Re: On told-bnodes in queries

>On 3 Nov 2005, at 04:45, Pat Hayes wrote:
>>>On the other hand, I don't believe that your alternative semantics 
>>>based on "union" works.
>>>Here is the counterexample - the same as before :-)
>>>GRAPH: :s :p _:b .
>>>query:  { ?x :p _:a }
>>>where we mean _:a in the query to be used as a told bnode.
>>>Well, I expect to get the empty set as the answer, but with your 
>>>union semantics I get [?x/:s].
>>But this case is impossible. The only way such a bnode can occur in 
>>a query is if it were provided as a binding to a variable in a 
>>previous query on the same graph. So the bnode must occur in the 
>>graph somewhere. Then creating the union will cause the bnode in 
>>the (subsequent) query to be identified with its previous 
>>occurrence in the graph.
>Aha! But how do you know?

How does who know what?

I know that if we use the 'union' definition, any re-use of the same 
bnodeID will identify the same bnode, simply from the basic RDF 
definitions of graph and bnode. But i don't think that is what you 

The server, by hypothesis, knows the bnodeIDs for the bnodes in G. 
The client, initially, does not, and has no way to access them. They 
are private to G. Call this the normal state of affairs. There is no 
action which will allow a client to change this normal state of 
affairs unless the server permits it. Most servers will not. They 
will maintain this normal state of affairs by treating bnodes in any 
query as locally scoped to that query, in effect keeping the bnodes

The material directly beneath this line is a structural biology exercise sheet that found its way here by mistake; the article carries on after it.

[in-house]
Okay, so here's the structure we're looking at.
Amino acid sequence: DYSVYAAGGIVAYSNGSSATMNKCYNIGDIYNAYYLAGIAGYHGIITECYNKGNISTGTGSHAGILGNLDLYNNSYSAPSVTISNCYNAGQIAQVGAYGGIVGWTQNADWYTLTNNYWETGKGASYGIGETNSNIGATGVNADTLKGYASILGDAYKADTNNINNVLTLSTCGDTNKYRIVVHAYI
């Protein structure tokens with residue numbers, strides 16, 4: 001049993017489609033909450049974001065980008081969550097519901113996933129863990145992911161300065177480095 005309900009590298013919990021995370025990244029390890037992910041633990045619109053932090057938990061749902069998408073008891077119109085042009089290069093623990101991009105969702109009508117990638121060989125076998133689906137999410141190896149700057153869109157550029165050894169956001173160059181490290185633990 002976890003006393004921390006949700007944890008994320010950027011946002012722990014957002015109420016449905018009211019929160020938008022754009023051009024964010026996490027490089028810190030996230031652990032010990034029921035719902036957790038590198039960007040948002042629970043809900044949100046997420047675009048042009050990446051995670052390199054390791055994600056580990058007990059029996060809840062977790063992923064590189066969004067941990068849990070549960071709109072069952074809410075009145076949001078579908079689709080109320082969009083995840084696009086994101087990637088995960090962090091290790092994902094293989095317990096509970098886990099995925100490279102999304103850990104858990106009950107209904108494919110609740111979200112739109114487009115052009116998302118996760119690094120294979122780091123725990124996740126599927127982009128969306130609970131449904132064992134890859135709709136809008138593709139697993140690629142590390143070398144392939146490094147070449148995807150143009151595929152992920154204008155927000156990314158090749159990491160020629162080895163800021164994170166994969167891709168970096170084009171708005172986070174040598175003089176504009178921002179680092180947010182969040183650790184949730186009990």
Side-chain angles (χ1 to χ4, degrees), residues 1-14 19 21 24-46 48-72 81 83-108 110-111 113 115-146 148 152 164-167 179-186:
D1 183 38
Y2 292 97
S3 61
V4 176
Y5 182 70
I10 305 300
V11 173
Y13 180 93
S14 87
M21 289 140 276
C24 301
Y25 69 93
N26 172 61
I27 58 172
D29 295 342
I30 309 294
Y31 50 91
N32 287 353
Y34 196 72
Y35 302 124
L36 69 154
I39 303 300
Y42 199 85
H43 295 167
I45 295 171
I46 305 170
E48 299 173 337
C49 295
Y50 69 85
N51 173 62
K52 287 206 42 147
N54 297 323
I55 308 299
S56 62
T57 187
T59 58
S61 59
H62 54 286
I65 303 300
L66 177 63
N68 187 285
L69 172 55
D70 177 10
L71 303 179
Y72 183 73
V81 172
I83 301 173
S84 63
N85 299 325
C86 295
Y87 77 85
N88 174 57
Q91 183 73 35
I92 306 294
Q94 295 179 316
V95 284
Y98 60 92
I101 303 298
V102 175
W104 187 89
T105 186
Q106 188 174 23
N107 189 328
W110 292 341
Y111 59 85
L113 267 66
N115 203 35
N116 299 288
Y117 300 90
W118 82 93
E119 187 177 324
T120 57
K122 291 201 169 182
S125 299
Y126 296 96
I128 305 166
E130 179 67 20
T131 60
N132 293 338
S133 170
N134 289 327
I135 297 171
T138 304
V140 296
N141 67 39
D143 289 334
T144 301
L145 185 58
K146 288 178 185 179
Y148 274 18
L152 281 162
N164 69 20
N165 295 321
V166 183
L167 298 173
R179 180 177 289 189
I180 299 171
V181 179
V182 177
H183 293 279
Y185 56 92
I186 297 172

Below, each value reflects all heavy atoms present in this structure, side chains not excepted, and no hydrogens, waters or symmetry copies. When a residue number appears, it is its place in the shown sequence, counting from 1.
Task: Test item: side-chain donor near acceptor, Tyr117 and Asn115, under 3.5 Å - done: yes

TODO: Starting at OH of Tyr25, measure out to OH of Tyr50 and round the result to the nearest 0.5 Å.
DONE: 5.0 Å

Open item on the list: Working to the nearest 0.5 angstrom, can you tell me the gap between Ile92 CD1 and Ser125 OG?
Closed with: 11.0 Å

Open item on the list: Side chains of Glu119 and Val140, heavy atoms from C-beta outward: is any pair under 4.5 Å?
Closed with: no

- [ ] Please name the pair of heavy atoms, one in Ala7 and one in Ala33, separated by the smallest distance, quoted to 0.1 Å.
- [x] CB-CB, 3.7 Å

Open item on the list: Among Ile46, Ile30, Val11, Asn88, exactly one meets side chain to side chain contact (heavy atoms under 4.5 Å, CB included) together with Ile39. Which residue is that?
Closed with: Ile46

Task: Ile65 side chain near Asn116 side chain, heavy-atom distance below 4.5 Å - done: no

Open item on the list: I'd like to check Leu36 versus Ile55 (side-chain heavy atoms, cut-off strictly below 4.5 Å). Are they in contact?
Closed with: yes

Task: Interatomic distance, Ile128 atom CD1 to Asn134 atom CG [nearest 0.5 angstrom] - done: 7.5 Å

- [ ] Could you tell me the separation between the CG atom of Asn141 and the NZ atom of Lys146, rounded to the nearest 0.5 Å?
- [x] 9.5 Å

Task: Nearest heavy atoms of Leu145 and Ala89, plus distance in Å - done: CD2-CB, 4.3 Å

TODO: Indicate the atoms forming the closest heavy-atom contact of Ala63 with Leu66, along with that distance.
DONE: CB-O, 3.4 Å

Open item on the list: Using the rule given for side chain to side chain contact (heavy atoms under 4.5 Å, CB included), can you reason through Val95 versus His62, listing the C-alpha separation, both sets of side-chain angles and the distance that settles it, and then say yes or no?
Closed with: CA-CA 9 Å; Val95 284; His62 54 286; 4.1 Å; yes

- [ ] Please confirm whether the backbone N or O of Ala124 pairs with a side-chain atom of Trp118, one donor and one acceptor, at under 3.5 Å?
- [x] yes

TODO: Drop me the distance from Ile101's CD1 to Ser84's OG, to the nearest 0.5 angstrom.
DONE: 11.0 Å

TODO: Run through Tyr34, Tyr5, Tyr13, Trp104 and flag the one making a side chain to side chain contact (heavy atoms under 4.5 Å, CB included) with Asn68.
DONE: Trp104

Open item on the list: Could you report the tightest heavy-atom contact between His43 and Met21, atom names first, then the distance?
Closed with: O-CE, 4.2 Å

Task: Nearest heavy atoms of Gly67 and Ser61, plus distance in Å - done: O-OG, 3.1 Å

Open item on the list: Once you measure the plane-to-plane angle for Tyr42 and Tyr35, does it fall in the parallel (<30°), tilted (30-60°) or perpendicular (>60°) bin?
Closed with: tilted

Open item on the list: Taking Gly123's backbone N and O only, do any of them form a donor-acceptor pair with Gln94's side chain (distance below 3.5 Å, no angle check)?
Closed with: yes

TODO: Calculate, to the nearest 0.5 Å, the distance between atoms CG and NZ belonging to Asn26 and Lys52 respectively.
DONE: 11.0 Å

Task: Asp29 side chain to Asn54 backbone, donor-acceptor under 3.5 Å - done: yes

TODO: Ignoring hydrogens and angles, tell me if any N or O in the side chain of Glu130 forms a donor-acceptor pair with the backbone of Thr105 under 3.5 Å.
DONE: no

in G and any bnodes in a query standardized apart. If all queries 
were like this, our task here would be trivial. Under these 
circumstances, and assuming we are using simple entailment, a bnode 
in a query acts just like a query variable, but does not request an 
answer binding: it can be viewed as a throw-away query variable. This 
can be phrased in several ways, all equivalent:

G simply entails Q[S]
G simply entails (G union Q[S])
G simply entails (G merge Q[S])
G simply entails (G merge Q)[S]
an instance of Q[S] is a subgraph of G

However, we also want to allow the possibility of a transaction in 
which the state of affairs is not normal. This can happen only if the 
server permits it and cooperates with the client in a particular way. 
This situation can become non-normal only under one very special 
circumstance: the client poses a query, the server provides one of 
its bnodeIDs as an answer binding, and the client then uses that 
bnodeID in a subsequent query, and the server continues to recognize 
it in this query as the bnodeID of the original bnode in the first 
query. But note that all the decisions here, which make this an 
abnormal state of affairs, are taken by the server, not by the 
client. All the client can do is to pass a query using a bnodeID that 
has been previously supplied to it. If it uses any other bnodeID, 
then the server should interpret that as it would in a normal state 
of affairs, i.e. as locally scoped to the query. (The 'list' examples 
I gave you earlier illustrate why we would want this to be the case.)

Of the above alternatives, the only one which allows this as a